Research with impact – benefitting populations and changing our world
I am pleased to introduce our world-leading, award-winning, and innovative work in complex modelling, statistical data science, machine learning and AI in our second online LIDA Annual Showcase. As leaders, not followers, in data analytics and AI, we continue seeking to drive change through data across multiple disciplines, working with academics, industry, and organisations around the world to benefit populations on a global scale.
International symposiums conducted online over the past year meant collaborations could continue despite the impacts of Covid-19, meaning our important work encompassing health, societies, and environment has continued despite challenging circumstances.
Leif Denby’s work at LIDA is part of an international collaborative research project examining the effect of cloud organisation on Earth’s climate. It uses the world’s first unsupervised neural network model to autonomously discover cloud organisation regimes in satellite images, with important implications for weather prediction and climate modelling. A five-year European Research Council-funded project led by Prof. Andy Hooper and Dr. Matt Gaddes uses complex data modelling work, radar interferometry and an algorithm they built, LiCSAlert, to detect, measure and forecast volcanic deformation and eruptions from space.
Driving innovation in climate-smart food systems, Sam Bancroft and Prof. Andy Challinor’s work is linked to Leeds University Farm. It uses existing crop models, AI, deep learning (a subset of machine learning) and remote sensing to look at how crops can be managed to increase food security. See the full case study here.
Dr. Jianhua Wu’s national cardiovascular care and outcomes research has revealed quality of care for cardiovascular disease (CVD) patients increased during the pandemic but the number of patients seeking care decreased. The work has highlighted the need for clarity in public messaging to prevent unintended consequences of social distancing mandates. A multidisciplinary team led by Dr. Ramesh Nadarajah has used Newton Gateway modelling of NHS CVD waiting lists to examine how pandemic impacts on CVD patient care can be lessened. It has led to feasible, pragmatic solutions to bring down waiting lists and reduce deaths.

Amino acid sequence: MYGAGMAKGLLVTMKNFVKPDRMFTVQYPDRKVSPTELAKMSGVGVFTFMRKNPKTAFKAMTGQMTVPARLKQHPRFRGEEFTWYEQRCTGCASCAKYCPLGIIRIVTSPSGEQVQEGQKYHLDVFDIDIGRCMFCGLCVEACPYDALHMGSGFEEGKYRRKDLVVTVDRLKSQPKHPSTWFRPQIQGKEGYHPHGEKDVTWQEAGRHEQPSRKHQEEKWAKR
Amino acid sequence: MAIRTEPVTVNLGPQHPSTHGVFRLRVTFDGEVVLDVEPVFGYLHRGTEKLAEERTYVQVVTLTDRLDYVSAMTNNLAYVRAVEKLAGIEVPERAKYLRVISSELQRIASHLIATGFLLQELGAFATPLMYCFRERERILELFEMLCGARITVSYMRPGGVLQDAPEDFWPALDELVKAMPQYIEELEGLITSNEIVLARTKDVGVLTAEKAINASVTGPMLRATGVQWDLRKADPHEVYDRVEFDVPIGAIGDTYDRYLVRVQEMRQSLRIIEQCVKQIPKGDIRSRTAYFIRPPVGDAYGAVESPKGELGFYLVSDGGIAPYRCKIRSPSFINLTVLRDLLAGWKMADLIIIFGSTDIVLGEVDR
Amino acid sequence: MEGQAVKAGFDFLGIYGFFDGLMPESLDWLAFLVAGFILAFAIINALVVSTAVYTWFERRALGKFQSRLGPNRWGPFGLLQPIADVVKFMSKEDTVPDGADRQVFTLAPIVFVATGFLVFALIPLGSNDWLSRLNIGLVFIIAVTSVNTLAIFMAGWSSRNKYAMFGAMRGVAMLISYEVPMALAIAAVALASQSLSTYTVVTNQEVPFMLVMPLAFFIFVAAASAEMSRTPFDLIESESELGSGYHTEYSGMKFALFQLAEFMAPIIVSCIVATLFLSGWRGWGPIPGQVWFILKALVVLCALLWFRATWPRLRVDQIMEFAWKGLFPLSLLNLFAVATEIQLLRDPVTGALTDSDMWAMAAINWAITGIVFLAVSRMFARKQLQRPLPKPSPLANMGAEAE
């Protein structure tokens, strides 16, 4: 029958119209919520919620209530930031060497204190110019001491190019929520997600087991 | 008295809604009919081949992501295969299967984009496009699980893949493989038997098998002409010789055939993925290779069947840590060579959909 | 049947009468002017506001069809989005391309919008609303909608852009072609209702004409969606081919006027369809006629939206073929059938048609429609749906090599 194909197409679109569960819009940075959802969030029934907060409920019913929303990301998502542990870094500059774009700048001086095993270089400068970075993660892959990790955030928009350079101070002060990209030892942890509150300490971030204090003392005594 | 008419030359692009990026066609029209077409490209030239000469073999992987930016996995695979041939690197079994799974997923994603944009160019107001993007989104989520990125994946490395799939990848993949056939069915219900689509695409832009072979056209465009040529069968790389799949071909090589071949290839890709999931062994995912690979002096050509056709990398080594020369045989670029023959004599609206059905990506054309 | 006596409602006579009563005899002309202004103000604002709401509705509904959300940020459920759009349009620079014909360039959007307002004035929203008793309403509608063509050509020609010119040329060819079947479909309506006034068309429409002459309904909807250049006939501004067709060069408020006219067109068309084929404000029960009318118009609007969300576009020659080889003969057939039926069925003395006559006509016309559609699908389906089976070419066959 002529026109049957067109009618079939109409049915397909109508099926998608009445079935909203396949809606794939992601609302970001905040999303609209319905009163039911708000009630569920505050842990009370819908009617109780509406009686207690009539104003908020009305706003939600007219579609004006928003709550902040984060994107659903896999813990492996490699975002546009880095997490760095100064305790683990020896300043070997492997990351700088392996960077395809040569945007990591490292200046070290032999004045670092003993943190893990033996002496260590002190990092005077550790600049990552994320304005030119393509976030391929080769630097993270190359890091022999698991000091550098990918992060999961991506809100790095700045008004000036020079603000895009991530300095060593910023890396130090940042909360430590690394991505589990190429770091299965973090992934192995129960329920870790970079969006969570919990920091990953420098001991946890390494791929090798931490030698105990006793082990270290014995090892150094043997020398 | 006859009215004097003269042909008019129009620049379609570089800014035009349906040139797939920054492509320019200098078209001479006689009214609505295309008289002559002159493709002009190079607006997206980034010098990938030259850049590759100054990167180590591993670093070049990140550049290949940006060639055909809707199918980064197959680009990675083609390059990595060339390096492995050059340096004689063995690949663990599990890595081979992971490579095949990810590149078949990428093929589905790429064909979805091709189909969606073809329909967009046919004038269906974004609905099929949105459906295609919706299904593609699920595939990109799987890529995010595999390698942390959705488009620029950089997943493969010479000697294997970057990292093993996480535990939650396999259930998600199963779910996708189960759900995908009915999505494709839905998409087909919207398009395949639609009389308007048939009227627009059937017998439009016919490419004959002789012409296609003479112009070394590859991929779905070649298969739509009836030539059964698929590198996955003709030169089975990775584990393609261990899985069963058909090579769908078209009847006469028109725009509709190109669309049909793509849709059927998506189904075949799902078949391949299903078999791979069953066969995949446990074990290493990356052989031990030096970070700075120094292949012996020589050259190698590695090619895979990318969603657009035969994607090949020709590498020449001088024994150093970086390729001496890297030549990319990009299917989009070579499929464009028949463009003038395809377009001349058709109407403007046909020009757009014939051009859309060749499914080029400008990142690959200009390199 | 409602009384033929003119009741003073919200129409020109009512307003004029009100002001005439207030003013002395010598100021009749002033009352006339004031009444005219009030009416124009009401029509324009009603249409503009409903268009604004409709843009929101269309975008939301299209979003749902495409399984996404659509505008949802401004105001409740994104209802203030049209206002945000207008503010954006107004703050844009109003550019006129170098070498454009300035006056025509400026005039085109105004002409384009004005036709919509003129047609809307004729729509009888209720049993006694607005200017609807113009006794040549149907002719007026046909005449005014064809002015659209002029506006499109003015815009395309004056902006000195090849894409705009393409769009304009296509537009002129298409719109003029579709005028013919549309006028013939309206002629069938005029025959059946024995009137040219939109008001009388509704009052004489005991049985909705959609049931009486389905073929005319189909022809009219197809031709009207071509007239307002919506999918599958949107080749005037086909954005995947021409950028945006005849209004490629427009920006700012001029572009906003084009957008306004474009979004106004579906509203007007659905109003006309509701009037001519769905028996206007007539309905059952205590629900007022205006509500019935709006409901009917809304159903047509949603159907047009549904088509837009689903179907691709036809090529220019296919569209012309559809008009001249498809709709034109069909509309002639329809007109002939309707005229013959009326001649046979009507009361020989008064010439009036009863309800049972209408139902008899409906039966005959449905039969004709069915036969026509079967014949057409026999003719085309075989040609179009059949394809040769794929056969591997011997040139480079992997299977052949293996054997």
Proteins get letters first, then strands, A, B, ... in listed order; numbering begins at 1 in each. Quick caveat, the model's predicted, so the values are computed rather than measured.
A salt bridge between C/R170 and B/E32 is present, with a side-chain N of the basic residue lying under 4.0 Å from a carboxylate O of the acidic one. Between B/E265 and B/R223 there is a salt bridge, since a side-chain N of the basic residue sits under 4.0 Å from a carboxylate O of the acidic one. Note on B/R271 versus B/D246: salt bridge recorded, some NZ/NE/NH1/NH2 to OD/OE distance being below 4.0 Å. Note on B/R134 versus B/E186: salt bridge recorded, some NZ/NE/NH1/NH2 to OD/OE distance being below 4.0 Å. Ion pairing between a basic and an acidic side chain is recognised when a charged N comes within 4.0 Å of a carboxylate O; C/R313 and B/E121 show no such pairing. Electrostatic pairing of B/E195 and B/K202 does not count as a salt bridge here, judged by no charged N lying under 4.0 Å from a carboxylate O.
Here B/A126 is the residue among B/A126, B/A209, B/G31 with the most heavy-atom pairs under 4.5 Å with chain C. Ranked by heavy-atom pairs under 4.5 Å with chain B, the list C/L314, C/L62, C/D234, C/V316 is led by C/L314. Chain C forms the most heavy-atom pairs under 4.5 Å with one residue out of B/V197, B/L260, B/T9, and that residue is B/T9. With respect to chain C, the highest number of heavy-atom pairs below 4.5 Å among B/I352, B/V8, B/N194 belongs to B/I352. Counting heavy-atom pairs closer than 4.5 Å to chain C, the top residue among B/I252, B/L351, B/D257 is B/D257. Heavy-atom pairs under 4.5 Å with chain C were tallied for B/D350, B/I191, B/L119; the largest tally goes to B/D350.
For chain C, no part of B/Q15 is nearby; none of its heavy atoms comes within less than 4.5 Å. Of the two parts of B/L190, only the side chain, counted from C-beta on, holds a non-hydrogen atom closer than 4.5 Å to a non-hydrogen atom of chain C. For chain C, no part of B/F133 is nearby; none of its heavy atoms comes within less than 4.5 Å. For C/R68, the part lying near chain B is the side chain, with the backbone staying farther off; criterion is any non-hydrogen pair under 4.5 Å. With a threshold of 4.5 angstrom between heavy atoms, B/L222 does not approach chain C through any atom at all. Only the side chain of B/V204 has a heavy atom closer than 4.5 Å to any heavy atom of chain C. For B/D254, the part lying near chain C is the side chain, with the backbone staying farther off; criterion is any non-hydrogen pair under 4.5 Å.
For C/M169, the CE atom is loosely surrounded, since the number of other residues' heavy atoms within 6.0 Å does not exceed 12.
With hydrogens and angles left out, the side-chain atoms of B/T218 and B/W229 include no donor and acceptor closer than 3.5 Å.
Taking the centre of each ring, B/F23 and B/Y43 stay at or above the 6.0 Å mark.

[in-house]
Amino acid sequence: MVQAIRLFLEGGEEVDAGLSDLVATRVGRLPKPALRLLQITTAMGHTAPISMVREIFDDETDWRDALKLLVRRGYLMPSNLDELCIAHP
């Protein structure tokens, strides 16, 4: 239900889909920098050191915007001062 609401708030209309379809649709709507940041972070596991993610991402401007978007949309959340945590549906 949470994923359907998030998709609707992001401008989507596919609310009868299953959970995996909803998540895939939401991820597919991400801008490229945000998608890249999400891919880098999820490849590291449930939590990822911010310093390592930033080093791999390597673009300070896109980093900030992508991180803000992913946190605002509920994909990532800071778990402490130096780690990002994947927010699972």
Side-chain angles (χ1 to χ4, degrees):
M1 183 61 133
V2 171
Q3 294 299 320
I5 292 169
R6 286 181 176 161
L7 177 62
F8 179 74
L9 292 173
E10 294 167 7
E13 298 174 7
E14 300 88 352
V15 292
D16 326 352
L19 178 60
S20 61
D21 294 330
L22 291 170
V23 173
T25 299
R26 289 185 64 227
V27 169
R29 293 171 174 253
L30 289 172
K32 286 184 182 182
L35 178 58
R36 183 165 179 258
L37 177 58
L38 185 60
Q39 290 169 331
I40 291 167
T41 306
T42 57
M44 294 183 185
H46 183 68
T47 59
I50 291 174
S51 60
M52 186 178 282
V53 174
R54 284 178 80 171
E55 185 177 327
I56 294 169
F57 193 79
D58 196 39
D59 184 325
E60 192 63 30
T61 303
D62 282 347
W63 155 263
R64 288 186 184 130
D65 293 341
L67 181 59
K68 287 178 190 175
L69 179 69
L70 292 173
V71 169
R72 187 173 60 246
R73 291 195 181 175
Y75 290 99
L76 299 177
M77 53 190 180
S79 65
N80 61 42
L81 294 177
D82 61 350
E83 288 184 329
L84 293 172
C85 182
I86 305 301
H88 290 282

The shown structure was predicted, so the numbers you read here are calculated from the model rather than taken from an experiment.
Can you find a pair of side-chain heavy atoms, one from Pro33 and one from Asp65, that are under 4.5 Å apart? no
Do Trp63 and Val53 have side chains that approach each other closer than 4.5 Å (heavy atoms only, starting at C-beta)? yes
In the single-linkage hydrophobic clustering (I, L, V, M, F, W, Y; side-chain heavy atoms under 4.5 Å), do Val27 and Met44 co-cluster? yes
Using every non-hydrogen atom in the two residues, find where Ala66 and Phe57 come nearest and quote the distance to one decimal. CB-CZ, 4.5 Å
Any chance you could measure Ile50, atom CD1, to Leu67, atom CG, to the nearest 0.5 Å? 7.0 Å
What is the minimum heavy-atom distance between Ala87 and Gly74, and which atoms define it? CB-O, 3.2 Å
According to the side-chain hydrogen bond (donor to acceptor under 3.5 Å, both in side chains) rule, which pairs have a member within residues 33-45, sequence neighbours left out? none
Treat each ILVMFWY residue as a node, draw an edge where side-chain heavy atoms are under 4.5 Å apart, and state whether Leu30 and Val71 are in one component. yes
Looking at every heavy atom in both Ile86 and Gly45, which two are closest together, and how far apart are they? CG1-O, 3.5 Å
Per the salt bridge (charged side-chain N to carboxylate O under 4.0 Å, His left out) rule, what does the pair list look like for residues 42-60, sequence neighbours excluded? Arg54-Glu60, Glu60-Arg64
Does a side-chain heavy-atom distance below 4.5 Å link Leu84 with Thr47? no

A study led by Dr. Andres Diaz-Pinto, Dr Nishant Ravikumar and me in collaboration with Prof Sven Plein and Prof Chris Gale, funded by the British Heart Foundation and the Royal Academy of Engineering, seeks to identify early indicators of cardiaovascular disease without the need for more costly and less accessible cardiac MR imaging examinations. In a transcontinental collaboration involving the UK Biobank and the NIH AREDS studies, we demonstrated that the eye can indeed be a window to the heart and allow prediction of heart attack with only a photograph of the eye fundus and minimal personal information. In a separate study led by Dr Ali Sarrami-Foroushani and me and funded by the Royal Academy for Engineering, we undertook the most comprehensive in silico clinical trial of flow diverters to treat cerebral aneurysms to date which could reduce costs and time spent in clinical trials from years to a few days. This work, published by Nature Communications demonstrated AI and computational modelling can bring about a transformation to regulatory science and innovation.
Prof. Richard Feltbower and Dr. Adam Glaser’s ongoing work on international childhood cancer survival involves the only UK database running continually from ages 0 to 29, the Yorkshire Specialist Register of Cancer in Children and Young People (YSRCCYP). It informs the decision-making of local clinicians and commissioners with collaborative national and international epidemiological and outcomes research. The YSRCCYP is currently examining health inequalities data, specifically ethnicity variation in cancer survival. Read the full case study here.
The Local Data Spaces project has been recognised as delivering public good and informing policy decisions, winning the ONS Research Excellence Project Award 2021. This data analytics project supports local authorities, groups, and stakeholders, using granular, secured data and research-driven analyses to ensure proactive responses to Covid-19 at the local level. Dr. Nik Lomax’s work on SPENSER (Synthetic Population Estimation and Scenario Projection Model), a set of open-source tools for population estimation and projection funded by the Alan Turing institute, provides high-resolution geographical and sub-population projections that are essential for planning and delivering services and developing urban infrastructure.
A collaborative, multi-disciplinary and multi-institution project initiated and led by Dr. Robin Lovelace, Asst. Prof. Transport Data Science here at University of Leeds, is revolutionising design, construction and strategic cycling planning in England and Wales with the Propensity to Cycle Tool used by over 35,000 transport planners, consultants, advocates, and members of the public.
The work we undertake at LIDA, as evidenced throughout this showcase, has real world impact with demonstrable value, showing data can be used across all aspects of society to directly benefit populations.